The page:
% string formatting - what special method is used for %d?

Ian Kelly ian.g.kelly at gmail.com
Sun Dec 11 02:21:18 EST 2016


On Sat, Dec 10, 2016 at 11:40 PM, Veek M <vek.m1234 at gmail.com> wrote:
> Well take a look at this:
> ###########################################
> #!/usr/bin/python
>
> class Foo(int):
>     def __init__(self, value):
>         self.value = value
>
>     def __str__(self):
>         print '__str__'
>         return str(self.value)
>
>     def __int__(self):
>         print '__int__'
>         return self.value + 1
>
>
> #'%s' % Foo(10) # %s is mapped to __str__
> '%d' % Foo(20)
> ###########################################
>
> here, '__str__' prints because when you do:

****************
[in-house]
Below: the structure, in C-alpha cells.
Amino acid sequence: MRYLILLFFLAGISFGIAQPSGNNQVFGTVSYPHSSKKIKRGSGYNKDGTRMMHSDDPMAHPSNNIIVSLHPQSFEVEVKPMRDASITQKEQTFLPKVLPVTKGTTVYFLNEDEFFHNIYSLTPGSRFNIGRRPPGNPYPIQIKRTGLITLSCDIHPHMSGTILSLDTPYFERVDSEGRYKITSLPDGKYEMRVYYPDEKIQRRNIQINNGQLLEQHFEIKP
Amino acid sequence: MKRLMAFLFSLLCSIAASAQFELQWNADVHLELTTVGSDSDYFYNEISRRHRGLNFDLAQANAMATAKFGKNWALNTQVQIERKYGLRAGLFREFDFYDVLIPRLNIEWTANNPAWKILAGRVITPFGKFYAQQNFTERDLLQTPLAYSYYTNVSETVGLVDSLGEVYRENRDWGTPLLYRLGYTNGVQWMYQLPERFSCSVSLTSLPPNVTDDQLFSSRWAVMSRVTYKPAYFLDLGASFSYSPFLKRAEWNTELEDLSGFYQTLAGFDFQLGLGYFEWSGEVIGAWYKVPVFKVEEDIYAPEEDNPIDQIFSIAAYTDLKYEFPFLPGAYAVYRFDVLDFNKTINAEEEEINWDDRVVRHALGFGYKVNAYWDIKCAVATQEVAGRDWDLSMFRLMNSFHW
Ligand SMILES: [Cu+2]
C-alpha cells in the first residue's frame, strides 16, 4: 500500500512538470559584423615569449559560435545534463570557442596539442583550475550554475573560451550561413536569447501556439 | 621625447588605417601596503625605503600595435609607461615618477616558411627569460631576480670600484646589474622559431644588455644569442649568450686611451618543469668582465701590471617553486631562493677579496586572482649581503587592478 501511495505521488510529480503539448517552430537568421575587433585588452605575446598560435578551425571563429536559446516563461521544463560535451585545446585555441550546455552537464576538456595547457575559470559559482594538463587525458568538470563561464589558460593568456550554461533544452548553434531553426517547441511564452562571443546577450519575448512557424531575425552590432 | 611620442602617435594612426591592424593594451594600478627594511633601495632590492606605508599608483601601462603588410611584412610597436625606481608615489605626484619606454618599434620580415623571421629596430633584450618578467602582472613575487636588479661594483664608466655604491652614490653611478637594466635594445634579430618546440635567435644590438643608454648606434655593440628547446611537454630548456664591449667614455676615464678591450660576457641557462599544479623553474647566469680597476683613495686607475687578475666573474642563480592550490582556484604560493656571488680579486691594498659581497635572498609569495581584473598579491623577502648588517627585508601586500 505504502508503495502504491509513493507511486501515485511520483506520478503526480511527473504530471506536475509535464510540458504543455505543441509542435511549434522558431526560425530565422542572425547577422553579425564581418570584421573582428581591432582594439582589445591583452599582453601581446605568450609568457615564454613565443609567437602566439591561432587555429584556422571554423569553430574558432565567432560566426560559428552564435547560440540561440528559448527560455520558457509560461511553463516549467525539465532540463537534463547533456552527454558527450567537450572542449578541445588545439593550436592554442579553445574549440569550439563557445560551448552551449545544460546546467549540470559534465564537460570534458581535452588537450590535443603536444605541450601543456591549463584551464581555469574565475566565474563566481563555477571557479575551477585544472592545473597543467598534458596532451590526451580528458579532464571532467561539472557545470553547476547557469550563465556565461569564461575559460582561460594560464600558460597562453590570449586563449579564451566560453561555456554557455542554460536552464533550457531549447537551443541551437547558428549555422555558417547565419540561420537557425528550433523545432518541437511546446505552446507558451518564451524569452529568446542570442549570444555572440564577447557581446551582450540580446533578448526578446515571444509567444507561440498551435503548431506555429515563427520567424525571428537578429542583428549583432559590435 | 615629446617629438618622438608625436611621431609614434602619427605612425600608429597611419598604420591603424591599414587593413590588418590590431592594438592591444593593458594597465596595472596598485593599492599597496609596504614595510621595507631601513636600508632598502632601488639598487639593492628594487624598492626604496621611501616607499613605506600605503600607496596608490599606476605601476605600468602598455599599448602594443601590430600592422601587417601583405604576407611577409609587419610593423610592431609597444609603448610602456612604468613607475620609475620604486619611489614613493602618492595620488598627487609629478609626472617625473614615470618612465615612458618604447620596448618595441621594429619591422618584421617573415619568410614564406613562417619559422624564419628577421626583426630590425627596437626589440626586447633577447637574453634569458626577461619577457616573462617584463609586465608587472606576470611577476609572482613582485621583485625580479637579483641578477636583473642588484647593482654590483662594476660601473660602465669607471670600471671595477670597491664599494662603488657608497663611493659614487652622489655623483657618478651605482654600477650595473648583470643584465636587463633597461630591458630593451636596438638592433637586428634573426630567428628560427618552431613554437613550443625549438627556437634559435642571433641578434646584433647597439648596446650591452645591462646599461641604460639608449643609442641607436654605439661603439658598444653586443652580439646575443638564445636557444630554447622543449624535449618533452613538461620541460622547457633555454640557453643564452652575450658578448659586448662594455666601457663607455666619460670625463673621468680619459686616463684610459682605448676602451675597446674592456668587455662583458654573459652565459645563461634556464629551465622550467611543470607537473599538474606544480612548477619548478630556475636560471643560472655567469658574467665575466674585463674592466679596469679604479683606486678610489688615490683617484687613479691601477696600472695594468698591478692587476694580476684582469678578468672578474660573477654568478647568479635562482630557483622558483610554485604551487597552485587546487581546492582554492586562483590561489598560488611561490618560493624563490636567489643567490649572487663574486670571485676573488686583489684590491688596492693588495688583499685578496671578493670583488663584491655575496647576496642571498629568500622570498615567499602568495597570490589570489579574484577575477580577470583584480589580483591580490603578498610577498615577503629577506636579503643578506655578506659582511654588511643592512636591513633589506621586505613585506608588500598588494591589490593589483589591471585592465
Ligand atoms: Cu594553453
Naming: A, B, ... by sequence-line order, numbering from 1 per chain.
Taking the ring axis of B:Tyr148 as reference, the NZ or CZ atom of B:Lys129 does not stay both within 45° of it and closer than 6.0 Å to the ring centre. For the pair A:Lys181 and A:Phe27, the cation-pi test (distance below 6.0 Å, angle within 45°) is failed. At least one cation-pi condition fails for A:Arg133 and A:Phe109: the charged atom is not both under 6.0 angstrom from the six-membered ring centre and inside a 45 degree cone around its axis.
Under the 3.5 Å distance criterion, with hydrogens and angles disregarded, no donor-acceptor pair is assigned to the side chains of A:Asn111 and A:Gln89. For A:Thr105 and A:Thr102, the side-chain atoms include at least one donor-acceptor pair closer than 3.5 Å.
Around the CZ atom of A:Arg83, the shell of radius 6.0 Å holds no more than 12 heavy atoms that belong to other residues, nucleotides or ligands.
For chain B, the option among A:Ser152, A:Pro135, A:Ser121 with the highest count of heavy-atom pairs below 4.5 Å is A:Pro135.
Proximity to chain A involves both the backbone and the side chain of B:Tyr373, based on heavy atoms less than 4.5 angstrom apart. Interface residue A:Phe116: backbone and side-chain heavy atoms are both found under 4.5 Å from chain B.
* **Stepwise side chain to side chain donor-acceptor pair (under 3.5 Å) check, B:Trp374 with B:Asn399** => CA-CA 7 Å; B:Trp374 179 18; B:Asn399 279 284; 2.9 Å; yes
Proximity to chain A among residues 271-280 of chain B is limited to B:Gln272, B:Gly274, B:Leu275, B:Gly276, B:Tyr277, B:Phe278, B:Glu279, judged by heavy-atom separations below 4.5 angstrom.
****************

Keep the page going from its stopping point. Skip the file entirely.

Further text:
> '%s' % x
> the __str__ method is invoked. So internally %s invokes __str__
> independent of print.
>
> However the next line doesn't trigger any similar invocation with
> __int__ or__str__? (but int(Foo(10)) would invoked __int__)

This is probably because Foo inherits from int. Foo(20) is already an
int so there is no conversion to be done; Python simply uses the int
value and ignores the __int__ method in this case.

> Is there a way to trigger special methods using %d etc OR is this
> restricted to %s and why?

For an object that is already an int, probably not.

However you may want to revisit your decision to make Foo inherit from
int and question whether that is really sensible if you're also
wanting to override the __int__ method. What does that mean if
something is an int but also provides a method to convert to int? It's
a contradiction.


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